Charli XCX has been riding fast. It’s time to crash. Charlotte Aitchison is coming off one of the most exhilarating stretches for a pop star in recent memory. A decline in quality was inevitable, and on Crash she steers into the skid.
Since her fifth studio album was announced back in August, Charli has positioned this as her sellout era; she said that she sacrificed her soul to the devil to make a successful mainstream pop album. She’s joking, of course, though not entirely. Crash is the final album in a major-label deal that she signed with Atlantic Records when she was still a teenager; she is just now (perhaps) finally getting out of it.
From the desk of Charli XCX when she introduced Crash: “[It’s] a new chapter for me in which I embraced all that the life of a pop figurehead has to offer in today’s world — celebrity, obsession, and global hits.” That’s delivered with tongue firmly in cheek, but Charli has talked a big game leading up to the release — at least when she wasn’t addressing kneejerk negative criticism online. Unfortunately, Crash is a scattershot collection of ideas that doesn’t totally come together. It’s technically proficient and there are flashes of greatness, but it doesn’t measure up to Charli’s previous work.
Before we get into it, I do want to draw attention to the ambition of the aesthetics behind Crash, which are on-point. The album artwork is indeed, as Charli likes to say, iconic. The extracurriculars that have accompanied this era — the massive ’80s-style hair, the very fun Saturday Night Live performance, all of the music videos (especially the ride-the-gravestone clip for “Good Ones”) — feel fully realized in a way that Charli’s visuals have not always been. She’s clearly utilizing the larger promotional budget she has access to for her benefit this time around. But for an album that is supposedly meant to represent a bid at crossover stardom, or at least a victory lap for her last decade of boundary-pushing music, it sounds frustratingly minor.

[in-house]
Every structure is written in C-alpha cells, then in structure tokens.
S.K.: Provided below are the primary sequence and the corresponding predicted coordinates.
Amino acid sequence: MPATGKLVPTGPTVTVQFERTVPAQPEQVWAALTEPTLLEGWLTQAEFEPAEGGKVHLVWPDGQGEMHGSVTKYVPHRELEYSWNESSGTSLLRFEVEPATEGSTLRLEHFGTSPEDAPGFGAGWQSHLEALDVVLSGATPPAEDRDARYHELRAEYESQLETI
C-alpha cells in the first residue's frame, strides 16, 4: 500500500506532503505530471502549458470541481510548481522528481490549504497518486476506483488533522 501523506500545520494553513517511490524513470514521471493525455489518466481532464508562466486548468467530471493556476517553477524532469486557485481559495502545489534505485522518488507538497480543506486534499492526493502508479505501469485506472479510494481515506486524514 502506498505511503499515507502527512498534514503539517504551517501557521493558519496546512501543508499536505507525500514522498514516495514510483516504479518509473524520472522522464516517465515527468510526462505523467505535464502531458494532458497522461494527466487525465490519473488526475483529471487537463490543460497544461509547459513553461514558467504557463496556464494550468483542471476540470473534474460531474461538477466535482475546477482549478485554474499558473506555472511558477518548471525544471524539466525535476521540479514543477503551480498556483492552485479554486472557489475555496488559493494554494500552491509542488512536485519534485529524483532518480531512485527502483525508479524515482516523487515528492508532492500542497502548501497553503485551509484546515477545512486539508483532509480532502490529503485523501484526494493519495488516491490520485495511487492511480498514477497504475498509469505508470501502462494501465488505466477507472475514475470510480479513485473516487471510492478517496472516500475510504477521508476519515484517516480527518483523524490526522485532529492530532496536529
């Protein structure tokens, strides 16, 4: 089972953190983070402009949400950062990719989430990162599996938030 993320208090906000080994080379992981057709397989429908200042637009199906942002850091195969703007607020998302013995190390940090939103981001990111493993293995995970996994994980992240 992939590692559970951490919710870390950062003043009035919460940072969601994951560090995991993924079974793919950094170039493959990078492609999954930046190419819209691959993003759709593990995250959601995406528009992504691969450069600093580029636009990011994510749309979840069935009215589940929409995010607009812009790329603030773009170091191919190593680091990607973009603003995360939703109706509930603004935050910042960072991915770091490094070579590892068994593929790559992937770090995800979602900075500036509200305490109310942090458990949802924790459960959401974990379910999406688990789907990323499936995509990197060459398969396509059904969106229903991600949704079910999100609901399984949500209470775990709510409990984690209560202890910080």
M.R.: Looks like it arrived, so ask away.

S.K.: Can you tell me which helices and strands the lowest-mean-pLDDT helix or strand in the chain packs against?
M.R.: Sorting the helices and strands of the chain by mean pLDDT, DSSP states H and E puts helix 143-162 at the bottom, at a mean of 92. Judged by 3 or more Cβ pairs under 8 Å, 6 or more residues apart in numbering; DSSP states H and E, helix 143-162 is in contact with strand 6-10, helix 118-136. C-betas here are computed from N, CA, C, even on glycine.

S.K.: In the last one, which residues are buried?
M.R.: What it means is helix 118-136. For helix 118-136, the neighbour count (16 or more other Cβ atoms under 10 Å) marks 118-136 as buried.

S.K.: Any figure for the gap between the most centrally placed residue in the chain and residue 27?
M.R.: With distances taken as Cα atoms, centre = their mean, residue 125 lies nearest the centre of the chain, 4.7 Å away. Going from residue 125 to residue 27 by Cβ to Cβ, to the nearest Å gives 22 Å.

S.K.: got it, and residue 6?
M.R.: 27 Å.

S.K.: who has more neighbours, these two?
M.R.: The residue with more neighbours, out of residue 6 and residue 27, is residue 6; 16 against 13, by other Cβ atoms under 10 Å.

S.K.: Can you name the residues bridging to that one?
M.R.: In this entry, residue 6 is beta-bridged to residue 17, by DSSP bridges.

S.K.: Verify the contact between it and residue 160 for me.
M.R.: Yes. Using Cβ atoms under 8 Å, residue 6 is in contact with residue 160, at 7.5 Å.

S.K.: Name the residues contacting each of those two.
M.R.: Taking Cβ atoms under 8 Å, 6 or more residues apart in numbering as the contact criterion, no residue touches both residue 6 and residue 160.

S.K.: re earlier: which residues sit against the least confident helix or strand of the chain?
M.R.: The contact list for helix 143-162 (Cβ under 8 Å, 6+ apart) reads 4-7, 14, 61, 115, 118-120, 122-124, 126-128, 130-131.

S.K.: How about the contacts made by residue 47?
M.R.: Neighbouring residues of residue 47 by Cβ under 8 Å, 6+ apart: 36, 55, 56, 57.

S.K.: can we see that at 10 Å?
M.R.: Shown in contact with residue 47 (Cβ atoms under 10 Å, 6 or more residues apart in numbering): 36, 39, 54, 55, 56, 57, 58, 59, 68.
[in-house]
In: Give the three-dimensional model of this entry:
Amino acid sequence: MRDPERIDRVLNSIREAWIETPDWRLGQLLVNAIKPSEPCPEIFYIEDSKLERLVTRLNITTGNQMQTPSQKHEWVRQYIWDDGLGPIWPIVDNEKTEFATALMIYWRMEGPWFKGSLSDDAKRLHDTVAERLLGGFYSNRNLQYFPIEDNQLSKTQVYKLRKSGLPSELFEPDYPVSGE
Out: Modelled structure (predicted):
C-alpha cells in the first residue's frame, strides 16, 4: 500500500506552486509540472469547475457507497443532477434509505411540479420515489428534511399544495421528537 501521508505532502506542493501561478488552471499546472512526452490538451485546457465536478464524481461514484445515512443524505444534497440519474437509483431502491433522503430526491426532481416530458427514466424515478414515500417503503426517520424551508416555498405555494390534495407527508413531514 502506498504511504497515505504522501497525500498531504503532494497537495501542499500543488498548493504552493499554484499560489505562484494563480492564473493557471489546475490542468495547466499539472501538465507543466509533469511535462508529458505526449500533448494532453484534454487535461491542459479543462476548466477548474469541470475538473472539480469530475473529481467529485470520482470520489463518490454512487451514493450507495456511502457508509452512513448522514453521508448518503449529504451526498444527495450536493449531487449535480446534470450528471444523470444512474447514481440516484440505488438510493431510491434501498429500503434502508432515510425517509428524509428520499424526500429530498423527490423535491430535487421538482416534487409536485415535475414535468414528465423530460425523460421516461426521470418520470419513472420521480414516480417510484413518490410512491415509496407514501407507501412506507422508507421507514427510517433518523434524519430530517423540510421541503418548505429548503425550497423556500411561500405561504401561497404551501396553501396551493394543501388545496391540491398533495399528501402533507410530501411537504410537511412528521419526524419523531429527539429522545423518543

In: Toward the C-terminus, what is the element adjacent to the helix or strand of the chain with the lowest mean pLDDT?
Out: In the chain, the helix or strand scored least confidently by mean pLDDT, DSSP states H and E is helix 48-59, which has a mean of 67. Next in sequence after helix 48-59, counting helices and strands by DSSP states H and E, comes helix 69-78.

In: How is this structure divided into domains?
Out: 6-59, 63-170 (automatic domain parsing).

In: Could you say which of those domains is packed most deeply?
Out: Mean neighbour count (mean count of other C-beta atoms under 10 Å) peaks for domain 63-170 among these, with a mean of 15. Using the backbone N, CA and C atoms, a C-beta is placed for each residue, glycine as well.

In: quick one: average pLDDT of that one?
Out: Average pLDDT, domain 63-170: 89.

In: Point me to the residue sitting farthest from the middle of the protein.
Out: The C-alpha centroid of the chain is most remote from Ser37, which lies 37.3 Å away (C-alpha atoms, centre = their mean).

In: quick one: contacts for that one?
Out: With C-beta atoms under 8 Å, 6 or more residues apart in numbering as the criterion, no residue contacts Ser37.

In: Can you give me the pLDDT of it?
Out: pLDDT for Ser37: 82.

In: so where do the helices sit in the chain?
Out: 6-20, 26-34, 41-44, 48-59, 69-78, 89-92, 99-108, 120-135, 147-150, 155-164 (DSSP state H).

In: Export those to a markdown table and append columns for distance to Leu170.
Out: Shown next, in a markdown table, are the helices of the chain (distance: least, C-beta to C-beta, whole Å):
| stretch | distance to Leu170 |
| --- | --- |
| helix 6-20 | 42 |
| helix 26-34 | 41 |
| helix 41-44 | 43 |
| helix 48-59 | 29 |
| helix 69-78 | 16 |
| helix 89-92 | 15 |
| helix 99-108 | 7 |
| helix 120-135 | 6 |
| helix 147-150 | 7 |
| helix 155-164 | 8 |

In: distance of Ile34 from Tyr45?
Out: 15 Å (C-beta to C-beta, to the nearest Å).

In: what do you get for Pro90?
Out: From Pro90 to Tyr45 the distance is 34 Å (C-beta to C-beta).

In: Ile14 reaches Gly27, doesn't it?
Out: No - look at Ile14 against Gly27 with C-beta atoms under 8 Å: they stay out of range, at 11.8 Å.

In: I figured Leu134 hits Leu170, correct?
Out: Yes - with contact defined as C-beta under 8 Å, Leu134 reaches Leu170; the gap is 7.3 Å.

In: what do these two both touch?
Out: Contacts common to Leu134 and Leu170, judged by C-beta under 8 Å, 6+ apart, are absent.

Historically, Charli has created her best work under constraint. Her pair of 2017 mixtapes, Number 1 Angel and Pop 2, are products of the contentious relationship she has had with her label, recorded without their permission and released outside of her standard contract. 2020’s How I’m Feeling Now was made quite publicly in only a month, fueled by the mania of early COVID isolation. Those projects ping excitedly from one idea to the next, landing on brilliance in the process. A lot their impact is tied up with the spontaneous and free-flowing circumstances in which they were created. Crash doesn’t feel nearly as propulsive, which makes me wonder if perhaps these songs have been cooking for too long.